Posts with photography and entries from Japan.
Here’s a great photo that always makes me laugh a little every time I see it. The photo was taken at The National Art Centre, Tokyo. It’s an architectural marvel and photographer’s delight to be inside, especially during sunset, like above.
During one of my trips to Japan, I came here with a friend of mine—the one standing in the middle of this photo with a camera up to her face. The great thing about this photo is that because of where I was standing with my camera, the two people who happen to be in the frame look like they are totally different heights. The security guard on the left looks like he is quite a bit taller than my friend in the middle. Now I know my friend isn’t that short!
As it turns out, although the security guard was only a few feet in front of my friend, because I was so low to the ground, this particular angle makes it look almost as if my friend and the guard were standing along the same line—or the same distance away from my camera. This perspective trickery makes the subject standing further away from my camera appear to be much smaller than the subject who is only a few feet closer to the camera.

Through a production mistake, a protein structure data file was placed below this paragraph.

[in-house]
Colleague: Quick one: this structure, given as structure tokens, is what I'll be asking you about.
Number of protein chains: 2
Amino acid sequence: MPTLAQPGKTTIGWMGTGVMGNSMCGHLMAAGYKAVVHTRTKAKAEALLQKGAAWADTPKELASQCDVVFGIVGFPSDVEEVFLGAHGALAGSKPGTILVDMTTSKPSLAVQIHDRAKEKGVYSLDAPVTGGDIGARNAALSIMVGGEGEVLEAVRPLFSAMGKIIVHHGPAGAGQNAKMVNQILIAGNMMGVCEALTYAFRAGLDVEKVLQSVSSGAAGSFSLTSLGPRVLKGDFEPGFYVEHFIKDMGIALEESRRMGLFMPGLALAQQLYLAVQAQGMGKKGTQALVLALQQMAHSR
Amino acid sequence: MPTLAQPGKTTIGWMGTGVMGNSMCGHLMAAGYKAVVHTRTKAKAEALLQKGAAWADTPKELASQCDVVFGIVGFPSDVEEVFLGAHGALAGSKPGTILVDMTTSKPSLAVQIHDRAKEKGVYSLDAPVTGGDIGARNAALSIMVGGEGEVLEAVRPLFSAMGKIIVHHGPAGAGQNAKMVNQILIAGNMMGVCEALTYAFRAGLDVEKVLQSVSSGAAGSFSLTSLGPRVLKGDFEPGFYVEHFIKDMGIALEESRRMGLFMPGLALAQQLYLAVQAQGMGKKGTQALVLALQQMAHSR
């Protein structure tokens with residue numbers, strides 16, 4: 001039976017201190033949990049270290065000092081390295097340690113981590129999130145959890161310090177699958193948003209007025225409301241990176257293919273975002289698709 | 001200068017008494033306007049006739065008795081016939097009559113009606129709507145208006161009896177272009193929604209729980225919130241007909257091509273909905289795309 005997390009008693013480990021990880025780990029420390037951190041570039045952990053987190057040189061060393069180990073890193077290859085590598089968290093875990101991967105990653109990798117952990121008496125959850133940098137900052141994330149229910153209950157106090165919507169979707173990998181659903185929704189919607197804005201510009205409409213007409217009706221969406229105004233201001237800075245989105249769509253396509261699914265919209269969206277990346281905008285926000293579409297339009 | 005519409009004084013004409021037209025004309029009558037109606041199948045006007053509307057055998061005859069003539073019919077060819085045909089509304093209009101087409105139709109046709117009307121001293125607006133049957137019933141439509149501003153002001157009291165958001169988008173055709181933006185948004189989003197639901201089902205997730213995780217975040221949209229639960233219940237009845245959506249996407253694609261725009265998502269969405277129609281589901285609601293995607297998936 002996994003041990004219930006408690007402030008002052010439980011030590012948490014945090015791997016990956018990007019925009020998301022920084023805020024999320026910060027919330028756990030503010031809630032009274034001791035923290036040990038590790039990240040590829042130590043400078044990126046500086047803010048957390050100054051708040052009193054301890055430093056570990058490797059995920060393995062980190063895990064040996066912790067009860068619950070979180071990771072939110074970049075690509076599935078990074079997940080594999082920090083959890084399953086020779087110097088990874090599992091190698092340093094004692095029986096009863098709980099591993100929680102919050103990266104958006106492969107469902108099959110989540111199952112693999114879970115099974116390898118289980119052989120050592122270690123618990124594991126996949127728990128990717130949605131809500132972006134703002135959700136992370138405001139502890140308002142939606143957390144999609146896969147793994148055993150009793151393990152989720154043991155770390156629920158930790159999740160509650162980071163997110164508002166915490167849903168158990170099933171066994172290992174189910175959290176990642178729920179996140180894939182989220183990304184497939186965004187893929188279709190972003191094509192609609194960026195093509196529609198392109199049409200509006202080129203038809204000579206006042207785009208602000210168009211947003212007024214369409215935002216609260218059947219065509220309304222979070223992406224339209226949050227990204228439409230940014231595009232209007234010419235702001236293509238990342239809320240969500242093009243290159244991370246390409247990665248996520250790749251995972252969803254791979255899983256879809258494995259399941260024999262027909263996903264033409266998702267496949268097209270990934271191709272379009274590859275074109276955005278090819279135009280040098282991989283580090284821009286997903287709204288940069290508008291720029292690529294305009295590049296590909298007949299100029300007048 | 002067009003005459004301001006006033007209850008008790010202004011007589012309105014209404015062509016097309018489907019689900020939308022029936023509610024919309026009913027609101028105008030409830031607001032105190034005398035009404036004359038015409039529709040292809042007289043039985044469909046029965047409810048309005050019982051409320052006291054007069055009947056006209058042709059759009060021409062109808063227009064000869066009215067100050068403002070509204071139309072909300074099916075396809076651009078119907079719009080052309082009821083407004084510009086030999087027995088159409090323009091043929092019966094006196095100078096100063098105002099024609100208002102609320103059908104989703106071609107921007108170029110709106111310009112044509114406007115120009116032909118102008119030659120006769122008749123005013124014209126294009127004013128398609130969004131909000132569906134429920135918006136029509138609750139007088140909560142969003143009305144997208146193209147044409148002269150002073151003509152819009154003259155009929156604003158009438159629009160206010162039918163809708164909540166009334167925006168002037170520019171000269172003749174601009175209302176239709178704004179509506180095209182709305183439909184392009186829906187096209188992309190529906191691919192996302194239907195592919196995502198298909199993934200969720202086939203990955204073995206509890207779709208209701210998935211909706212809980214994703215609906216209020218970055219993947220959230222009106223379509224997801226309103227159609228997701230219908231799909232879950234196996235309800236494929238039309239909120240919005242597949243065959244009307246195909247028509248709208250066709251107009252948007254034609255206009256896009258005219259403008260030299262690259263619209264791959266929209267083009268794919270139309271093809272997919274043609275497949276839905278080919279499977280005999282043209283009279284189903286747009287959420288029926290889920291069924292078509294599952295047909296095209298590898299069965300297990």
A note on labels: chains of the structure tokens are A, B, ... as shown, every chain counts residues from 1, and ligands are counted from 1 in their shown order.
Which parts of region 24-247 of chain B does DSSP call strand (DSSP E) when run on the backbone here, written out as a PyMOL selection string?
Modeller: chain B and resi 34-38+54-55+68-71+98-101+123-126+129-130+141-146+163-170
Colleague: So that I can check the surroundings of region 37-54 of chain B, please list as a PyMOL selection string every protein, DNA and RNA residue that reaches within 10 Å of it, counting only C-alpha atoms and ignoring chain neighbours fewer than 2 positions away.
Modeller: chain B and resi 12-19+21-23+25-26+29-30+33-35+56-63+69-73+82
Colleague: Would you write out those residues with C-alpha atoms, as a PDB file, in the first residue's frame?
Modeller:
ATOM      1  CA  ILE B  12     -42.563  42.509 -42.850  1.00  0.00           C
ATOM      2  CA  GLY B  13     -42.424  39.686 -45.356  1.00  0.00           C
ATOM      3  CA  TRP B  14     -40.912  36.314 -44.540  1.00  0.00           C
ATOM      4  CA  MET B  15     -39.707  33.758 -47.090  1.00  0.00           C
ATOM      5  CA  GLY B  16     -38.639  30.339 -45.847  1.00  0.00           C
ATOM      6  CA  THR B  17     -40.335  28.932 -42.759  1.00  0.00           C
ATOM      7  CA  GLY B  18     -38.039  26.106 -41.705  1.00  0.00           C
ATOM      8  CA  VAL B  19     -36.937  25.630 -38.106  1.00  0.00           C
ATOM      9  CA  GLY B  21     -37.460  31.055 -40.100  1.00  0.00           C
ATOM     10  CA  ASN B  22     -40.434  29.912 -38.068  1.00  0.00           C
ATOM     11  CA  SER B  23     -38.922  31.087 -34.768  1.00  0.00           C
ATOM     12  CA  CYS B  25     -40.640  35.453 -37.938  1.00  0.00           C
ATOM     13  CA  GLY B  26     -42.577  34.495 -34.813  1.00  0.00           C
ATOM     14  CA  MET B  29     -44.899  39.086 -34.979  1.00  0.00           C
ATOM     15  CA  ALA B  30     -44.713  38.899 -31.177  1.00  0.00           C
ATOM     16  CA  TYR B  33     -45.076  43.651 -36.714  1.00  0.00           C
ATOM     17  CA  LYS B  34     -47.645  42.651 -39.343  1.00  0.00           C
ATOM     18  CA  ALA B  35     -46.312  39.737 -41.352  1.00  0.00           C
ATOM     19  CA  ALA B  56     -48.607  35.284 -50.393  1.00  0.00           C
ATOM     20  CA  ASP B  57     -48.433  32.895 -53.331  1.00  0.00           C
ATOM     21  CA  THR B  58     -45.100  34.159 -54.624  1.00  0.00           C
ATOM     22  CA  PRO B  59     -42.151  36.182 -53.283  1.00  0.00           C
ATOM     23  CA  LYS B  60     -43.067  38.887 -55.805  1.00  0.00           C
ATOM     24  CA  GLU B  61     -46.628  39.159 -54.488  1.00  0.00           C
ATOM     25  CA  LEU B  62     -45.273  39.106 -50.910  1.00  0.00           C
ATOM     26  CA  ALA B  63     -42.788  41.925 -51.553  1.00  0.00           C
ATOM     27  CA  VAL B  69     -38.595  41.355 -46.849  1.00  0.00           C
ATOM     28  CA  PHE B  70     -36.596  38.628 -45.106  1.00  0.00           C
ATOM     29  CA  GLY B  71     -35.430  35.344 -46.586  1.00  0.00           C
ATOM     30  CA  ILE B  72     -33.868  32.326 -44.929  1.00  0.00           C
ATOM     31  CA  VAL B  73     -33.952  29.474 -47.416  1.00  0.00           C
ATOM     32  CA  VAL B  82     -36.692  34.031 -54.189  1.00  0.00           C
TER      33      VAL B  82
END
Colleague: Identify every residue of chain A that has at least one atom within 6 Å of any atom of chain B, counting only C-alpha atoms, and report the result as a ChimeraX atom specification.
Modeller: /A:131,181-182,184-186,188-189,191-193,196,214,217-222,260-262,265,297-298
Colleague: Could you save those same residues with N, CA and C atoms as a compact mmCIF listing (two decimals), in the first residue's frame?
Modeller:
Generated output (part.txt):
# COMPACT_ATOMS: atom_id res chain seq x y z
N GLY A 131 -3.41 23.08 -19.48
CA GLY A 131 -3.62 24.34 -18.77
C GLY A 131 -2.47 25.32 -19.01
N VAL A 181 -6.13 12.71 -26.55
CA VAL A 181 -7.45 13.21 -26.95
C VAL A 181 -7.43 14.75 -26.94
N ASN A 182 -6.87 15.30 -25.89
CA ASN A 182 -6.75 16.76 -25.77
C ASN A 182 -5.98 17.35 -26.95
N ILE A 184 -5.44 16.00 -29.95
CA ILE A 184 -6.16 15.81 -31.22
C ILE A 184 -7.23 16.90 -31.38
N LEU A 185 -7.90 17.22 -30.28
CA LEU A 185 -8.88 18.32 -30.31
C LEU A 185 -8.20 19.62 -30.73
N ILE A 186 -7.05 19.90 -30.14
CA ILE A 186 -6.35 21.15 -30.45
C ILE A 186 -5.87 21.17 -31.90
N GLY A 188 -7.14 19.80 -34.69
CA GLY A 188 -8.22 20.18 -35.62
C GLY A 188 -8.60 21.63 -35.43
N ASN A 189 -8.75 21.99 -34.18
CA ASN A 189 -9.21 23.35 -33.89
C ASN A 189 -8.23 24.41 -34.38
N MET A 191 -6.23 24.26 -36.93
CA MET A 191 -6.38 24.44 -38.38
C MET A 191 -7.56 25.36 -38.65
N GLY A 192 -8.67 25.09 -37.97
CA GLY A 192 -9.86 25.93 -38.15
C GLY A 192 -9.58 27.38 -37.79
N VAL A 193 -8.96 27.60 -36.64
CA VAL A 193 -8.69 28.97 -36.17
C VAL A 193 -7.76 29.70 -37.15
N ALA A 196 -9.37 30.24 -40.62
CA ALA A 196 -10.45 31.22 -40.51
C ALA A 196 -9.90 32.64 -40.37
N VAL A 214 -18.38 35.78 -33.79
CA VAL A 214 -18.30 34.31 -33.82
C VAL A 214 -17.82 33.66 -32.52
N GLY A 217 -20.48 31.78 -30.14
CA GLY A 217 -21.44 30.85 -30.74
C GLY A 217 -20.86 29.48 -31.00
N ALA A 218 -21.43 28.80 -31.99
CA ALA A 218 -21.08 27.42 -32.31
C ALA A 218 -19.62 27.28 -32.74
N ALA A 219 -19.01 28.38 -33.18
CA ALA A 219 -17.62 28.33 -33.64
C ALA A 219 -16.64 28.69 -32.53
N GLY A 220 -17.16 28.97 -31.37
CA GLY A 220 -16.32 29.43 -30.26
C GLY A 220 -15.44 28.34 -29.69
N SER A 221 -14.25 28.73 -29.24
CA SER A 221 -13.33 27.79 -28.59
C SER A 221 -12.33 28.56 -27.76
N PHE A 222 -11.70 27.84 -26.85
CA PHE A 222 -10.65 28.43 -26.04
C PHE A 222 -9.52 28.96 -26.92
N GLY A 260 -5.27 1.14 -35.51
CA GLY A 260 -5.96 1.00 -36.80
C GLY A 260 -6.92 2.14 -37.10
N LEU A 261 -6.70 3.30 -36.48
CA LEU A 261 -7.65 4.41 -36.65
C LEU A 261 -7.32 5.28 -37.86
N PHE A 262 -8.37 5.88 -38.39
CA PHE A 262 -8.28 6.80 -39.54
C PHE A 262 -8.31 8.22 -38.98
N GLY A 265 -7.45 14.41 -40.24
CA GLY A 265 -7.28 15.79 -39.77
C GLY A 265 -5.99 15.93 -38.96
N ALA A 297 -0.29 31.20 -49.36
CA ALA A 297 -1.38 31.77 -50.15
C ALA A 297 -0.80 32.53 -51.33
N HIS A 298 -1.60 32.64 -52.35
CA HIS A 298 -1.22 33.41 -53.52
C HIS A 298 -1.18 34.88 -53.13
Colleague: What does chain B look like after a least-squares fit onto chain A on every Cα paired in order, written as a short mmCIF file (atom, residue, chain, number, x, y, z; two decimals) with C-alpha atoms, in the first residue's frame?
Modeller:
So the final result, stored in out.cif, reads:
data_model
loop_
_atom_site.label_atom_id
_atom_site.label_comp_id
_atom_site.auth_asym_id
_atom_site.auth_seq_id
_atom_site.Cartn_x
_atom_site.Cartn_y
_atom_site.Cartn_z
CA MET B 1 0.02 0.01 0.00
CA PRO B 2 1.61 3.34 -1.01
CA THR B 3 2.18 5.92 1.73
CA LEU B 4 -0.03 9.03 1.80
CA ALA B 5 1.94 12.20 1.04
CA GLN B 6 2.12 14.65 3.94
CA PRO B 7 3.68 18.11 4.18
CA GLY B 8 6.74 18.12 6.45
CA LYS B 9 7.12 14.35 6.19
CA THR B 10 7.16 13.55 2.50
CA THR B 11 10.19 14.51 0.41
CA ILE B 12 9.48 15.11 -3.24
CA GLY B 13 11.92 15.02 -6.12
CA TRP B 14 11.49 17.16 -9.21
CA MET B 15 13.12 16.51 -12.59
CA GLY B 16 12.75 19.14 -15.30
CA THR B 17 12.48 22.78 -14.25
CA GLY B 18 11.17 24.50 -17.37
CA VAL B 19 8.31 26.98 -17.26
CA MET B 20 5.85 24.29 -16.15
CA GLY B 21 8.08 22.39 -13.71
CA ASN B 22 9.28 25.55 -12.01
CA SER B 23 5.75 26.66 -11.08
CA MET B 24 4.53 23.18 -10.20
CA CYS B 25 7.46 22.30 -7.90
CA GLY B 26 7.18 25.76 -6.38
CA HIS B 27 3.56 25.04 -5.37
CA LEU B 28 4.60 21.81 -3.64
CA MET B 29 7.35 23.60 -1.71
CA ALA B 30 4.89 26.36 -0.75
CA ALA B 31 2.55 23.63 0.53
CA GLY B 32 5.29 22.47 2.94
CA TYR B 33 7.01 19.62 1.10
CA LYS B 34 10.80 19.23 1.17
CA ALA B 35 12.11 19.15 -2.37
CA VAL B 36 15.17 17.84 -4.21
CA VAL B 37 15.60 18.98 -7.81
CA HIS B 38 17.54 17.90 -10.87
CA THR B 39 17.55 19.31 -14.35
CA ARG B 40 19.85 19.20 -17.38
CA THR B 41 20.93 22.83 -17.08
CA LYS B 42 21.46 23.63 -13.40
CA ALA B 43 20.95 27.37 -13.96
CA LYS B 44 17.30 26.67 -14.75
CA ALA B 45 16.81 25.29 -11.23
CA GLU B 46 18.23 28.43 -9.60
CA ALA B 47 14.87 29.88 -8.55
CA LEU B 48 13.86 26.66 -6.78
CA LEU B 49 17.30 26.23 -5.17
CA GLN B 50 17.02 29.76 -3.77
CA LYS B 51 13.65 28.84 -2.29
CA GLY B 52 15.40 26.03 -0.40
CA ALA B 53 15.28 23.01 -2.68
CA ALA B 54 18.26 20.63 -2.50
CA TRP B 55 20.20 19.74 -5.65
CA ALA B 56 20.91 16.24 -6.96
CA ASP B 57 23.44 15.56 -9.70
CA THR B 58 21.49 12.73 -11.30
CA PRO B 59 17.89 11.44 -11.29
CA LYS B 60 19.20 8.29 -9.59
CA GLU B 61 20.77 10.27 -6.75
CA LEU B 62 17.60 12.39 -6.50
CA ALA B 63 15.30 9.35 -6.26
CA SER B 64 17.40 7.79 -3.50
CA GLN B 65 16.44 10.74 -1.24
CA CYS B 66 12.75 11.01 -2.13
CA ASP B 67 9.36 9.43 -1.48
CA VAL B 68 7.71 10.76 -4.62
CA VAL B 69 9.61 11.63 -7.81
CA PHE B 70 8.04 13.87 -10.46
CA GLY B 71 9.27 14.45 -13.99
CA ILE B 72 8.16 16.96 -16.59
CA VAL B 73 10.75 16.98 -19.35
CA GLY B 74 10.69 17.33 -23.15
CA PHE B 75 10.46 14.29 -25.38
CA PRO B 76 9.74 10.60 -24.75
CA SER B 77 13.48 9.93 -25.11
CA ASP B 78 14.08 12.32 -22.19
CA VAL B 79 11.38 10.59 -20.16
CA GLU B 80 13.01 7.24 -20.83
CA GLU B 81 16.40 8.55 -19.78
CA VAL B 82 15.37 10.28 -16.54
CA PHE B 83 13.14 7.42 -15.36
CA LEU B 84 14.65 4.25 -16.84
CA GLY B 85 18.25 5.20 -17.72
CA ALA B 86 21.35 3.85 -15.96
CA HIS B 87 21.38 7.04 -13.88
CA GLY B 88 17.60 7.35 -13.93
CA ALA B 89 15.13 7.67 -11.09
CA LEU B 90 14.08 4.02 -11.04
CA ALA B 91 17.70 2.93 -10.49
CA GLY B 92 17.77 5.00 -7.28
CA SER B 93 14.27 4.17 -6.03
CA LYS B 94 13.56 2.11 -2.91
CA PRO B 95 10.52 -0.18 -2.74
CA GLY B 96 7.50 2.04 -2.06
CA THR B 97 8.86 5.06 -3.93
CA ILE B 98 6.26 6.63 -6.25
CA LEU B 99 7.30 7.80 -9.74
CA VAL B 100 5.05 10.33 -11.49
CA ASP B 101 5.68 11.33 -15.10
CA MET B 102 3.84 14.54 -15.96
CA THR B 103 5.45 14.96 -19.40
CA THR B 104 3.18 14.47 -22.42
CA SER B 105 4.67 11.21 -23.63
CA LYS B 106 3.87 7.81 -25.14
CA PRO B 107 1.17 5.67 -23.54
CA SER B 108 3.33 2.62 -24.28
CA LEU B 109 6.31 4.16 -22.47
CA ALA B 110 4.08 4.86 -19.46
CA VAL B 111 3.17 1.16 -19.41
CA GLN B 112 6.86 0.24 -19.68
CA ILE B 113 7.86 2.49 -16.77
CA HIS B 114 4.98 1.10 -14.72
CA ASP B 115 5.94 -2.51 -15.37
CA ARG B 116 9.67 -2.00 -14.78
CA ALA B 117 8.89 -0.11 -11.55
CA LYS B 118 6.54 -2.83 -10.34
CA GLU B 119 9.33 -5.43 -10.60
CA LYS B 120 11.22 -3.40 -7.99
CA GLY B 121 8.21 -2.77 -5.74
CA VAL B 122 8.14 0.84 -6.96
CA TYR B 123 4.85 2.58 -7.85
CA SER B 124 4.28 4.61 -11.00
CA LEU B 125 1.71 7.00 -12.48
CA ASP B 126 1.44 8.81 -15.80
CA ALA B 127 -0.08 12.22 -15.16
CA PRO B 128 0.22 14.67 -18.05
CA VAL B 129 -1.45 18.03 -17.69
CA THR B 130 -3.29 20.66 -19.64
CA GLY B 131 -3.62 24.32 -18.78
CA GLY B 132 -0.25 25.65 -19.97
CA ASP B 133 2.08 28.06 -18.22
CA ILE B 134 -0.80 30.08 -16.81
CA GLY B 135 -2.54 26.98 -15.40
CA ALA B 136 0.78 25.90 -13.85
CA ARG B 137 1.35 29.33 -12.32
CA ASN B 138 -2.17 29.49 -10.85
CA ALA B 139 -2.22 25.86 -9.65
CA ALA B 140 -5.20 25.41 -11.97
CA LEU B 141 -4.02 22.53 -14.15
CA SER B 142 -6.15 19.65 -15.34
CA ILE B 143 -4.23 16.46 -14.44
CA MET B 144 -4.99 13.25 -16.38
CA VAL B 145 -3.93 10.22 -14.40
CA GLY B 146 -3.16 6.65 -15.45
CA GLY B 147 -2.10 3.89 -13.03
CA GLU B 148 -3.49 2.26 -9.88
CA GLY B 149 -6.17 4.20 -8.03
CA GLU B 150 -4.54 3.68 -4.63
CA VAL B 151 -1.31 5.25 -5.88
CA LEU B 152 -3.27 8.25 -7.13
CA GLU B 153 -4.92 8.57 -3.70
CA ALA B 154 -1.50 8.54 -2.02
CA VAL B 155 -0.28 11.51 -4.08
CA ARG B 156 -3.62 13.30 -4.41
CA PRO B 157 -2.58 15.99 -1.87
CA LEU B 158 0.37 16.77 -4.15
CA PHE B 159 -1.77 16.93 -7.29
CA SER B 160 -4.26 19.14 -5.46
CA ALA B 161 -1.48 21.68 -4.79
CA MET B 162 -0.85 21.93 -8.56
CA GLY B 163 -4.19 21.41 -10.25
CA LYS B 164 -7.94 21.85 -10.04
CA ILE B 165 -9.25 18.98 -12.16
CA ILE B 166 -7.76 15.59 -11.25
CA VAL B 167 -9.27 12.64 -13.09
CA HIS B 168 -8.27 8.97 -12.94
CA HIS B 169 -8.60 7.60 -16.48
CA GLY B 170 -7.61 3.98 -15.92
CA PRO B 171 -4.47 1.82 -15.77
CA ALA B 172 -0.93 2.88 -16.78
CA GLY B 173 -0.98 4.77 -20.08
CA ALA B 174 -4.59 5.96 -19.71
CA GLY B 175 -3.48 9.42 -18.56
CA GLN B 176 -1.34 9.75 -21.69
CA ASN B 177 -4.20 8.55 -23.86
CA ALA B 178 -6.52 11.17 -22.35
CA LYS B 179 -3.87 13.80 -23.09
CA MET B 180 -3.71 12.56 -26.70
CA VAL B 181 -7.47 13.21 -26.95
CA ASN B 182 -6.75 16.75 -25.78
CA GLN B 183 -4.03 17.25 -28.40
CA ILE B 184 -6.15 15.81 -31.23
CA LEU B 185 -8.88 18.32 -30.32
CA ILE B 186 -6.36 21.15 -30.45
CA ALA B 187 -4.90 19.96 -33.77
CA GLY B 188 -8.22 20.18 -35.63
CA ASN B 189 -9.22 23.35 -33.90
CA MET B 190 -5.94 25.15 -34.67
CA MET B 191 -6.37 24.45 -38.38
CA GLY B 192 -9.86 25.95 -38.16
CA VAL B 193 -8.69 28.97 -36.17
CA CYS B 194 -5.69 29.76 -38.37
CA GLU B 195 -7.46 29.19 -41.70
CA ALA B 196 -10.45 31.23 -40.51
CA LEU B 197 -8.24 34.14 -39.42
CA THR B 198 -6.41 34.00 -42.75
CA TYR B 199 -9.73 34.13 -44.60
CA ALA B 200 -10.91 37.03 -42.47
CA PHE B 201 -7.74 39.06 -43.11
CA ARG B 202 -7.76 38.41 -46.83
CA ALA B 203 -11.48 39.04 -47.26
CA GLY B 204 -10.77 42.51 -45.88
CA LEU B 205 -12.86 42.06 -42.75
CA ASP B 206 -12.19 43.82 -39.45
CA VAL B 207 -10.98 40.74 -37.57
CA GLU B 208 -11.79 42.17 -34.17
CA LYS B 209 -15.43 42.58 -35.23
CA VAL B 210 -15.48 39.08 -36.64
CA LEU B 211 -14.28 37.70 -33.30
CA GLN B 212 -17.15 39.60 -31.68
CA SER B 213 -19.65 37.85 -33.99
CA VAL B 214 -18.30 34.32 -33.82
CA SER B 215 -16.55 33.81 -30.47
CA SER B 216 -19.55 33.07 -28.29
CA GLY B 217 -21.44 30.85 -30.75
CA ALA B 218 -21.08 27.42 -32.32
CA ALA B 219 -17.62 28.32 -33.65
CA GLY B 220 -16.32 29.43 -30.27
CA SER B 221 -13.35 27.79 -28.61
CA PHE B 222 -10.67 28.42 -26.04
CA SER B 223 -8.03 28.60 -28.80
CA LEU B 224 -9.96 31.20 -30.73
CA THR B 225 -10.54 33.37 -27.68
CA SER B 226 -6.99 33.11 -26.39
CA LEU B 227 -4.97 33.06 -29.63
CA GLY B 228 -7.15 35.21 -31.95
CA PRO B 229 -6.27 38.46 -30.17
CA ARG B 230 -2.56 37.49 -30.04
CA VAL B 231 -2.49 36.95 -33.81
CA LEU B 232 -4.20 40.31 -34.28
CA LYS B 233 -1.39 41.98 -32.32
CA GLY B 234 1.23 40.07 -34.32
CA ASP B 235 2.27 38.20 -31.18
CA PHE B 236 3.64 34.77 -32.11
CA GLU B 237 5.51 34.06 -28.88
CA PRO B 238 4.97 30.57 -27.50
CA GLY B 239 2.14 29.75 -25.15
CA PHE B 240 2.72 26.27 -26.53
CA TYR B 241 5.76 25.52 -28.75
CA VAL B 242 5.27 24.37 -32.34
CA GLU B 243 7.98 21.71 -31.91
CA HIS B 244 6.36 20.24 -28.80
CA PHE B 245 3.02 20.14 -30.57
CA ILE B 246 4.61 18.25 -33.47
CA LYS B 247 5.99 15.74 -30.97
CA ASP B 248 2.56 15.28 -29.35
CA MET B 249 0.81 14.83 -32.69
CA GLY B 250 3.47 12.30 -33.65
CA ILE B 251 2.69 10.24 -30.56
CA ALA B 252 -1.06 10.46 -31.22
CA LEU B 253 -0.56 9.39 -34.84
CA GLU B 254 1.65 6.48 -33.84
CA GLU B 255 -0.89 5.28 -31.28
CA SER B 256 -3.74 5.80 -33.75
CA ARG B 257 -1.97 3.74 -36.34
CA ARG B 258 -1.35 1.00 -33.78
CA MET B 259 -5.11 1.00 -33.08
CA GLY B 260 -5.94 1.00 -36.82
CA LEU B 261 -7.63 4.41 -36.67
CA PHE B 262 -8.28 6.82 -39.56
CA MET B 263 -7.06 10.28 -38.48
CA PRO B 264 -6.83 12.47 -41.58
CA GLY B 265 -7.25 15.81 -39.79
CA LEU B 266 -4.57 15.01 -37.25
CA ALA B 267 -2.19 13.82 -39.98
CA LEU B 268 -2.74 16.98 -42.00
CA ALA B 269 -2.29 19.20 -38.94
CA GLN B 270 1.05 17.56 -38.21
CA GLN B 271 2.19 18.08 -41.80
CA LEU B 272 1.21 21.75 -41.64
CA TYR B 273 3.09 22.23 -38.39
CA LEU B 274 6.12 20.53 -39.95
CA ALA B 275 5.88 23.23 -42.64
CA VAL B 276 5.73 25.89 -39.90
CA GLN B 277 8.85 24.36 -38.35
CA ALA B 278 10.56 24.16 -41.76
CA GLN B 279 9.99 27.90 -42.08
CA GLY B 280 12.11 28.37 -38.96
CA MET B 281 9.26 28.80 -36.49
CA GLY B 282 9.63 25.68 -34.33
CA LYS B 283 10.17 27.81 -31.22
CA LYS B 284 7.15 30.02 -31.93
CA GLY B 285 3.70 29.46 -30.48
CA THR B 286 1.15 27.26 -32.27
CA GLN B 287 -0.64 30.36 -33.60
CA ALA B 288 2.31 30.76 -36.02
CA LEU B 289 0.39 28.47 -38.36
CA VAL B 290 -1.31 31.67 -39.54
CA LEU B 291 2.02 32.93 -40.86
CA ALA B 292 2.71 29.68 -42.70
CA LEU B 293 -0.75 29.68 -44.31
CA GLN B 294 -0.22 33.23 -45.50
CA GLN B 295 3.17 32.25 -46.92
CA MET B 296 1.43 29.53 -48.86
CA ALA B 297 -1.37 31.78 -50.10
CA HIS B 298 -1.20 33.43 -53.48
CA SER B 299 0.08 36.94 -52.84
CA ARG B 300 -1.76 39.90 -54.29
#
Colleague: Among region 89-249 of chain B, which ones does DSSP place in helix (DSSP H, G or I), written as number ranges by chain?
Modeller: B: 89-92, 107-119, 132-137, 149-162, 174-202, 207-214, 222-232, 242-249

My camera was sitting right on the hardwood floor here, and I was taking random photos as people passed by. That was a great moment as there were so many different people walking by my camera. I did manage to get many photos here, and I will be sure to do some more show and tells in the future.
The takeaway here is to remember to play with the perspective of your camera as you can easily fool the audience by making your subject matter appear much smaller or larger than they really are.
When you come back from holidays you may be tempted to start editing all of your photos on your computer. While it’s a great way to reflect on your recent adventures, I always take my time in editing photos so I can truly bring out the best parts of each photo.
I alluded to this in a previous post where I said to “marinate” your images so your feelings don’t play a role in your editing process.
When we are so caught up in the moment, we tend to remember things in a more exaggerated way, letting our minds fantasize more. If you wait a while before editing your photos, however, you will come back to them without any bias as to how you remembered that moment, thereby allowing you to edit them to reflect the true beauty of the moment.
Even holding off for a couple days will make a noticeable difference in how you edit them. Don’t just take my word on this though. Try it out yourself and you’ll see how a small change like this can make a large improvement to your images.